Crossing the Channel
The global appreciation for risk continues to rise, but that doesn’t mean insurers have it easy. One of the biggest challenges they face is staying relevant to a rapidly changing global customer base. For insurers, this is an era of heavy competition, tight margins and capricious customers. To avoid falling by the wayside and missing opportunities, a multichannel approach is essential.
In this context, ‘multichannel’ simply means different ways of selling policies. As well as direct and via a broker, customers can get insurance via online aggregators, at the bank (for example to accompany a mortgage), via telephone services and from retailers (such as on-the-spot insurance when buying a new car). Each market has specific channels that work better than others, but they still draw on the same core services and transactions.
For the modern, future-focused insurer, it makes most sense to hold productdefinitions in a rather than in a separate system for each channel. This process means changes and updates to existing products and launching products to new channels are safe, quick and efficient (existing SAP customers have realized a 66% reduction in the time it takes to implement product changes). Rapidly customizable and flexible, it also means insurance companies can offer insurance to markets – whether Western or emerging – with very different channels and priorities.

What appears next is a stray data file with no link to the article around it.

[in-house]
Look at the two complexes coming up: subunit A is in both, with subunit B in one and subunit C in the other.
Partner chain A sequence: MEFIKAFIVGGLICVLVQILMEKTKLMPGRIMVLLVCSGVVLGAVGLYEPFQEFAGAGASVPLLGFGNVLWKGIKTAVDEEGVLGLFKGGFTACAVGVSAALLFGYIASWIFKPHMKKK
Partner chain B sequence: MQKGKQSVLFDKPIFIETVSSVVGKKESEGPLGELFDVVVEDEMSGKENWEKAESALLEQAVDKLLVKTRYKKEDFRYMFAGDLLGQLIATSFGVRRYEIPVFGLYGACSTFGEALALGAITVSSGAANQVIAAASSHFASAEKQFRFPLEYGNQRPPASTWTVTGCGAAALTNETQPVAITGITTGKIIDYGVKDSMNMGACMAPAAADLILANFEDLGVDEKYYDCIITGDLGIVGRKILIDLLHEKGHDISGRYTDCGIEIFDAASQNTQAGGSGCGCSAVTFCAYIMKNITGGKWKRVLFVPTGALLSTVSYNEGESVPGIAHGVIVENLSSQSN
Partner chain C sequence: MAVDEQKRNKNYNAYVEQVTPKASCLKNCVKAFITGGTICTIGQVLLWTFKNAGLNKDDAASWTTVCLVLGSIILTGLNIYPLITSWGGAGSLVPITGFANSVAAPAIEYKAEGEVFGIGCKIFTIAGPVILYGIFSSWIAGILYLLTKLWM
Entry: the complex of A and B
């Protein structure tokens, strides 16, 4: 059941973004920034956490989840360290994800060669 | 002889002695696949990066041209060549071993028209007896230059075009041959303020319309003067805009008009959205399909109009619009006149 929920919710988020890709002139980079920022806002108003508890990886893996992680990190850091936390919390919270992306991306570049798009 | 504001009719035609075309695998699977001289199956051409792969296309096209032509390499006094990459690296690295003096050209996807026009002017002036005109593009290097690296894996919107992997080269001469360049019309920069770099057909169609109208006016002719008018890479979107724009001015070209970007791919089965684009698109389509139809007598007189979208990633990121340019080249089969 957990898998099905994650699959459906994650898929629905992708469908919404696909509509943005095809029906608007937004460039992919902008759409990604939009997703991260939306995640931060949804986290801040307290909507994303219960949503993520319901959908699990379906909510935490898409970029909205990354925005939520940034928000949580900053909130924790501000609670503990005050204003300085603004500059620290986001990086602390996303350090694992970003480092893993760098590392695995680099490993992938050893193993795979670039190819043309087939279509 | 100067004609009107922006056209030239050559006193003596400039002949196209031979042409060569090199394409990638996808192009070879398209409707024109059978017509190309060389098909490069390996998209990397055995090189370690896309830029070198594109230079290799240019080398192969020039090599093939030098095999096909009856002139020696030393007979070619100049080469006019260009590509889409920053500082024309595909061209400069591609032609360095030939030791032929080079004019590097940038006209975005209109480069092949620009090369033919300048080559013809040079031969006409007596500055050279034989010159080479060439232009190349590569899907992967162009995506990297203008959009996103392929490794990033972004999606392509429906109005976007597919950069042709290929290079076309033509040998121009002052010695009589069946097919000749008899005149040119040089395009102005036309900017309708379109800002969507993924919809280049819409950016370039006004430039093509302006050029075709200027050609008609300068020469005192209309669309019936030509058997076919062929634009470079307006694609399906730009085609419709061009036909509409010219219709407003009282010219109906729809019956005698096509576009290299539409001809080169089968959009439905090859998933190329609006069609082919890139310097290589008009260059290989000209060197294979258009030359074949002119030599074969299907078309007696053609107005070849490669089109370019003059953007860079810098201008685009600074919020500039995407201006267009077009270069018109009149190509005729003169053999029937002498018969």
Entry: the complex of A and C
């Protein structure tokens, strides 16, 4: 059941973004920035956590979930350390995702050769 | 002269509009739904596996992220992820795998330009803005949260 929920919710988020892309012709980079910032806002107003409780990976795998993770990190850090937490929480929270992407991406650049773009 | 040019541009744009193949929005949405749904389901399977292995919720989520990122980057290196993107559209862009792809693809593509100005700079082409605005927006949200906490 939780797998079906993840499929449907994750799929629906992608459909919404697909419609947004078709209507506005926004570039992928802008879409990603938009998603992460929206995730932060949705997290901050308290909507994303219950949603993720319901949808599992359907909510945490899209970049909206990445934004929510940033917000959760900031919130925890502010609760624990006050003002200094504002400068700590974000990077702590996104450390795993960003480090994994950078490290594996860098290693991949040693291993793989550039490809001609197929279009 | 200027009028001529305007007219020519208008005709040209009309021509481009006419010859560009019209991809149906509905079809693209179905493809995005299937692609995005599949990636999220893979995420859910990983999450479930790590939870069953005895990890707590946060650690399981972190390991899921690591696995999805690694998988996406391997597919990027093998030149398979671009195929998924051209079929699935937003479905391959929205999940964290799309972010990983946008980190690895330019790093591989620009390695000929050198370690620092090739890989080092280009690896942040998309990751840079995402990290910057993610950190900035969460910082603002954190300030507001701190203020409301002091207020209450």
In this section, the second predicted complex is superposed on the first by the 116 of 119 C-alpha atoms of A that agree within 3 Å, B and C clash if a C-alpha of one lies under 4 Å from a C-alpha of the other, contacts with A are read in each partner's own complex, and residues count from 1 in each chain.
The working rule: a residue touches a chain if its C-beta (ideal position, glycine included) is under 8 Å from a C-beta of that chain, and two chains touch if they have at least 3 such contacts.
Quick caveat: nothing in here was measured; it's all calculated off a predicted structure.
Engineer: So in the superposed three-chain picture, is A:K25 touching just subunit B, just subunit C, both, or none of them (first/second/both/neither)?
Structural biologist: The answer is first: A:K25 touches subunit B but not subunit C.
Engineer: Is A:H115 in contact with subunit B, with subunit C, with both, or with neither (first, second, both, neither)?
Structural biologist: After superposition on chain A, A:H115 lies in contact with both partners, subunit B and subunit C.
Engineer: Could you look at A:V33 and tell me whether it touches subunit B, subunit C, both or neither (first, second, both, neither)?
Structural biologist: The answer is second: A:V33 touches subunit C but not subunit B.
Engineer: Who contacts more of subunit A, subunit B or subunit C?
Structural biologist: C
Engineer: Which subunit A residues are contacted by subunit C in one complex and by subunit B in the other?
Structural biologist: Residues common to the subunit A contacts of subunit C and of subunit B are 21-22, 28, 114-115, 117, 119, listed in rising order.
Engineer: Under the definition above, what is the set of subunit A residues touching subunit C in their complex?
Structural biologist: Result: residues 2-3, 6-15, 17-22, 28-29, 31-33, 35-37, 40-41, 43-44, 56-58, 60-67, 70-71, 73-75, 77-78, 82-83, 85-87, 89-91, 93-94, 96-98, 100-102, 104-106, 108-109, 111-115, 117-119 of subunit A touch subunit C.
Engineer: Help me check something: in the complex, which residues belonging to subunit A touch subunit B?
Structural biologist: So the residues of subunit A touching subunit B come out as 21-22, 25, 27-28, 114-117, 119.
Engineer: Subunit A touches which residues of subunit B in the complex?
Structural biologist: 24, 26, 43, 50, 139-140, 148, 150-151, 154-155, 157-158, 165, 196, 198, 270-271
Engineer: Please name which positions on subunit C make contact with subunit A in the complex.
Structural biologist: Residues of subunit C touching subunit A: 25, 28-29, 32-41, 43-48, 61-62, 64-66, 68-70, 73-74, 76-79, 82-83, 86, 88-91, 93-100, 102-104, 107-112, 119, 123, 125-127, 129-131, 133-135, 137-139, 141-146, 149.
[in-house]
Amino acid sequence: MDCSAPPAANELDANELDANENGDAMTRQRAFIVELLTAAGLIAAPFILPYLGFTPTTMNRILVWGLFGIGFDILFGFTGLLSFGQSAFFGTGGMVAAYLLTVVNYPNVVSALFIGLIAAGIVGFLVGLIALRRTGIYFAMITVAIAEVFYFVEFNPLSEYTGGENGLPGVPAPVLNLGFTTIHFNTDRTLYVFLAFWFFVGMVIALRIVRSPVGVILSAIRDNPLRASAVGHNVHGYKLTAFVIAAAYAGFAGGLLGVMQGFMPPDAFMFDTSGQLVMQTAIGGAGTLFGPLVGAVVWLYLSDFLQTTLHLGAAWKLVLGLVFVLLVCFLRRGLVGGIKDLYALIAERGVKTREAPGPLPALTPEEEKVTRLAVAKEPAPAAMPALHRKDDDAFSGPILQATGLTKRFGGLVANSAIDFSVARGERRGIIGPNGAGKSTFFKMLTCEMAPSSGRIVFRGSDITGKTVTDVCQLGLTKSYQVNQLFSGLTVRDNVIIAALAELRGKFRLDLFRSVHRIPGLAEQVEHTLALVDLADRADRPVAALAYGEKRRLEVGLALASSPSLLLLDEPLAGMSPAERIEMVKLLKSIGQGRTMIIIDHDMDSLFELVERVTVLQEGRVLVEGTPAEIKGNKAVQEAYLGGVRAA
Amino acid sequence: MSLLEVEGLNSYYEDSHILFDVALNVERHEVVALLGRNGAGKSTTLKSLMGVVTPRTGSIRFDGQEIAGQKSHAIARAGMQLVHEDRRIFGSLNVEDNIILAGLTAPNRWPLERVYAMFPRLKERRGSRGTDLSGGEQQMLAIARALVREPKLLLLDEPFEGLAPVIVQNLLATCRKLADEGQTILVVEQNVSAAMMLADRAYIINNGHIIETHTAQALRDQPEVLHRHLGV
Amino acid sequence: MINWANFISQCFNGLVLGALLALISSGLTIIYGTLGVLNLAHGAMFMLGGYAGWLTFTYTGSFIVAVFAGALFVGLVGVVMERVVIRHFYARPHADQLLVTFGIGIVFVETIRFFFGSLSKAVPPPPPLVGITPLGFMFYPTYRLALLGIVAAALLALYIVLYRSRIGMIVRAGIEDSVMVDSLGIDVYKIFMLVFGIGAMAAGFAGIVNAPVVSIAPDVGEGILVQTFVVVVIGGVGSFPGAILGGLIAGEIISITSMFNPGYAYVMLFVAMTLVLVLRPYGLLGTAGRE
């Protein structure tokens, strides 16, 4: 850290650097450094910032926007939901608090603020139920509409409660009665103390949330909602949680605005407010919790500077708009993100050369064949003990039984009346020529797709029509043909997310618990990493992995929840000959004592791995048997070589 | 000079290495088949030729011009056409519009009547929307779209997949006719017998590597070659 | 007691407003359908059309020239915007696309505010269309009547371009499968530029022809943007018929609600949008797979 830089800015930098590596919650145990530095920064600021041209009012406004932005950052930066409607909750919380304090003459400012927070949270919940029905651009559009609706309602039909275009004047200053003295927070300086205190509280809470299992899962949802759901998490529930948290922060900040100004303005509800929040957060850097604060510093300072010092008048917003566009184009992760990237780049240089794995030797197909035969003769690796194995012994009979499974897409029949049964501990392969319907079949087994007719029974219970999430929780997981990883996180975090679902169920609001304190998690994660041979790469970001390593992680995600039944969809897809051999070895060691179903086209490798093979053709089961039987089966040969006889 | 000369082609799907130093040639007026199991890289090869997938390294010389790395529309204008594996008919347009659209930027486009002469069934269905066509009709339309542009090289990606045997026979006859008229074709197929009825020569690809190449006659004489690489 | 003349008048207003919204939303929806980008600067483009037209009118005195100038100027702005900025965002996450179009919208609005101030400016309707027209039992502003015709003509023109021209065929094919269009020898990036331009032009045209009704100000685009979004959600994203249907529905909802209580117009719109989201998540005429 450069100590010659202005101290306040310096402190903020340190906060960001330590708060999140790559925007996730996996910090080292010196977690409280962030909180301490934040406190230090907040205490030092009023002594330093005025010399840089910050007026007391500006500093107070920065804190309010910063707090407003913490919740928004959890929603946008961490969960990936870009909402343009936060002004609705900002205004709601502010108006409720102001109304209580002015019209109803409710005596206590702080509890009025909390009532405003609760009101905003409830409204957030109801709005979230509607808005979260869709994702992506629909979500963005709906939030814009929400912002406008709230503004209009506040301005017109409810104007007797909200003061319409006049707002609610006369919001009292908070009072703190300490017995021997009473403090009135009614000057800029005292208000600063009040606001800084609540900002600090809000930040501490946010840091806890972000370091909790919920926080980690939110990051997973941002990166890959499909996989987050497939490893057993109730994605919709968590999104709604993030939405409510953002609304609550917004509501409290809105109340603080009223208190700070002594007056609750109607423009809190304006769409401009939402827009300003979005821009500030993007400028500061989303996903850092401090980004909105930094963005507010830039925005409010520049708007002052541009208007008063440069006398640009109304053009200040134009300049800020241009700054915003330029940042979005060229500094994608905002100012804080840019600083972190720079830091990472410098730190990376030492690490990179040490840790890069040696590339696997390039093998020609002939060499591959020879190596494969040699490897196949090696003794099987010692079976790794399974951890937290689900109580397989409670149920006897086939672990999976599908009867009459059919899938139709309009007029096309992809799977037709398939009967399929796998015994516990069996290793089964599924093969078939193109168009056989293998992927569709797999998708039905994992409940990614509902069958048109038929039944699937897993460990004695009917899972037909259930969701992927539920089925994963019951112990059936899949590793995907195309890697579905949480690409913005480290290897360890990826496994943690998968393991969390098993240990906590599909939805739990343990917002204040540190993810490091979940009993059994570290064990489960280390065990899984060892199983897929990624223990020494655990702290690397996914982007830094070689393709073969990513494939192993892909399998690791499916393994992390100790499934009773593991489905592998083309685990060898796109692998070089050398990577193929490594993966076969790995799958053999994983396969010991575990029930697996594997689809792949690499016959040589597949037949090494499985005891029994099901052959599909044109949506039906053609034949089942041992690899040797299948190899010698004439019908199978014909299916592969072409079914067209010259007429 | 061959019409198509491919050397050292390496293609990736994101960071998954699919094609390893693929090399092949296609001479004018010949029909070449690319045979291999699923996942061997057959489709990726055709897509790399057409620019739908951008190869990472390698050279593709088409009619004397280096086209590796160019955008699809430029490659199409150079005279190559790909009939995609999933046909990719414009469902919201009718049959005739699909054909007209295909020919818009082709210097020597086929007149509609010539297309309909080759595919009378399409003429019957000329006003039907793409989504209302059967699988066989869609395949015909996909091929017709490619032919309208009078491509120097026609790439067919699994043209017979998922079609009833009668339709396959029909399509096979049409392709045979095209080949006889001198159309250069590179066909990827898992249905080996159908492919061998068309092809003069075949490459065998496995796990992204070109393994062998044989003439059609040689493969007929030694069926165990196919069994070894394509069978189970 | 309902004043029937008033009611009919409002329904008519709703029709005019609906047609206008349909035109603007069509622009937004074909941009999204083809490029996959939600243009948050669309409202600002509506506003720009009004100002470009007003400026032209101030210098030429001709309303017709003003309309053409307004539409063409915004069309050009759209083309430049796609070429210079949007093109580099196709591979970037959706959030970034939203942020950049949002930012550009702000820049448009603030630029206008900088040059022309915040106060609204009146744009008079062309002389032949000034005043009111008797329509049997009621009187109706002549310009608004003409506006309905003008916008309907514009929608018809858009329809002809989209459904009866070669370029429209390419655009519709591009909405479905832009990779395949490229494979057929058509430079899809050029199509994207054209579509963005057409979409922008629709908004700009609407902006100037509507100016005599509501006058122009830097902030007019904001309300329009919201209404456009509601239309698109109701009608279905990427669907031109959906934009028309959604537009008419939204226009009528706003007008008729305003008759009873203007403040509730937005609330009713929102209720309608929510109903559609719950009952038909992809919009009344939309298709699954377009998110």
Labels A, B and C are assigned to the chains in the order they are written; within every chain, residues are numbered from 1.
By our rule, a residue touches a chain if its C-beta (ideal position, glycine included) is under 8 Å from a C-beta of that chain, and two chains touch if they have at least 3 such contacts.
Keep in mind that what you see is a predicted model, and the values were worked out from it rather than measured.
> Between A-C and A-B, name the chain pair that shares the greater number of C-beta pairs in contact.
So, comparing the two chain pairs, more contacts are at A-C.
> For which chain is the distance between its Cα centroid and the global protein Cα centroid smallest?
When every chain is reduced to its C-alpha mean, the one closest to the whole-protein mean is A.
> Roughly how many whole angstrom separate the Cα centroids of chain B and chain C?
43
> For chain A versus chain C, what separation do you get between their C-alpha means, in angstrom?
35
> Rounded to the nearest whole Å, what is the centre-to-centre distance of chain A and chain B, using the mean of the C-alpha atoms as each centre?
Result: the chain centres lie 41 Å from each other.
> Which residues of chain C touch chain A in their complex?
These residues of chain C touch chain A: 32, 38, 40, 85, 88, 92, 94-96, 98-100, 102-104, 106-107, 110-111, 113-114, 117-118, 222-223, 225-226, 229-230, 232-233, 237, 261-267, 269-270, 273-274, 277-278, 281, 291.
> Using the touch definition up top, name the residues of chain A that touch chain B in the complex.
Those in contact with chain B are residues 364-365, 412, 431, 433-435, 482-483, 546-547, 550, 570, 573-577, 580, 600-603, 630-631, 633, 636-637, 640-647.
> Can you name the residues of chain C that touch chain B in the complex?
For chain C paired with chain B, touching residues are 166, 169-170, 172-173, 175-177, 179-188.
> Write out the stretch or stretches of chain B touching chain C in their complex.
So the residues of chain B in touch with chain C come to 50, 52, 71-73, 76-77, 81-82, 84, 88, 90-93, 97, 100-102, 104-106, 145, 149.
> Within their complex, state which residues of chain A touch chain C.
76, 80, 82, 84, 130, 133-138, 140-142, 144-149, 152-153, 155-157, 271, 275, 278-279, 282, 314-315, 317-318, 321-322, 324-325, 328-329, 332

Like so many other things, insurance has become a commoditized product. For insurers, it is critical to meet all channels in the most flexible fashion, to make it easy for the customer to adopt. Today’s customers don’t have the patience for long forms. They want to open an app and just say, “this is my age and I’m going to Switzerland for 10 days, give me my insurance”.
With this in mind, it shouldn’t be a big surprise that the web is the fastest-growing distribution channel, well on its way to being number one in the West and in emerging markets. For customers though, this means that expectations are high. Insurers face the challenge of leveraging disruptive tech whilst also offering exceptional service to existing customers.
Of course, it’s not all about price. It also comes down to offering products and services that meet a specific need, offer speedy resolution and so on. Quality of service is not to be overlooked. So to meet their customers’ needs, insurers need to have a deep understanding of how to deliver differentiating customer experience. Using Twitter, Facebook and other social networks to engage is only the start.
The next wave of innovation will be omnichannel insurance, which effectively combines all channels simultaneously. So an application or claim started in one channel (you might document and make a claim at the site of a road accident via your smart phone) can be picked up at any stage and continued in any other channel (online, over the phone or face-to-face) seamlessly and with no lag. A few companies are already starting to explore this approach, but in time it will be the de facto mode of providing insurance – and only really possible with a centralized system of product definition.
Ultimately, tomorrow’s most successful insurers will have two different focuses: customer-centricity and competition. Customers because matching customer needs, service levels and expectations are vital for insurers. Catering to these needs and being able to pick these up from any channel at any time needs specialized tools. And it’s a competition story too. It’s critical for insurers to be able to look at the market and move themselves towards the most popular channel. If they don’t then quite simply they’ll lose the business.
What do you think about the issues discussed here? Continue the conversation in the comments below and on Twitter @SAPforInsurance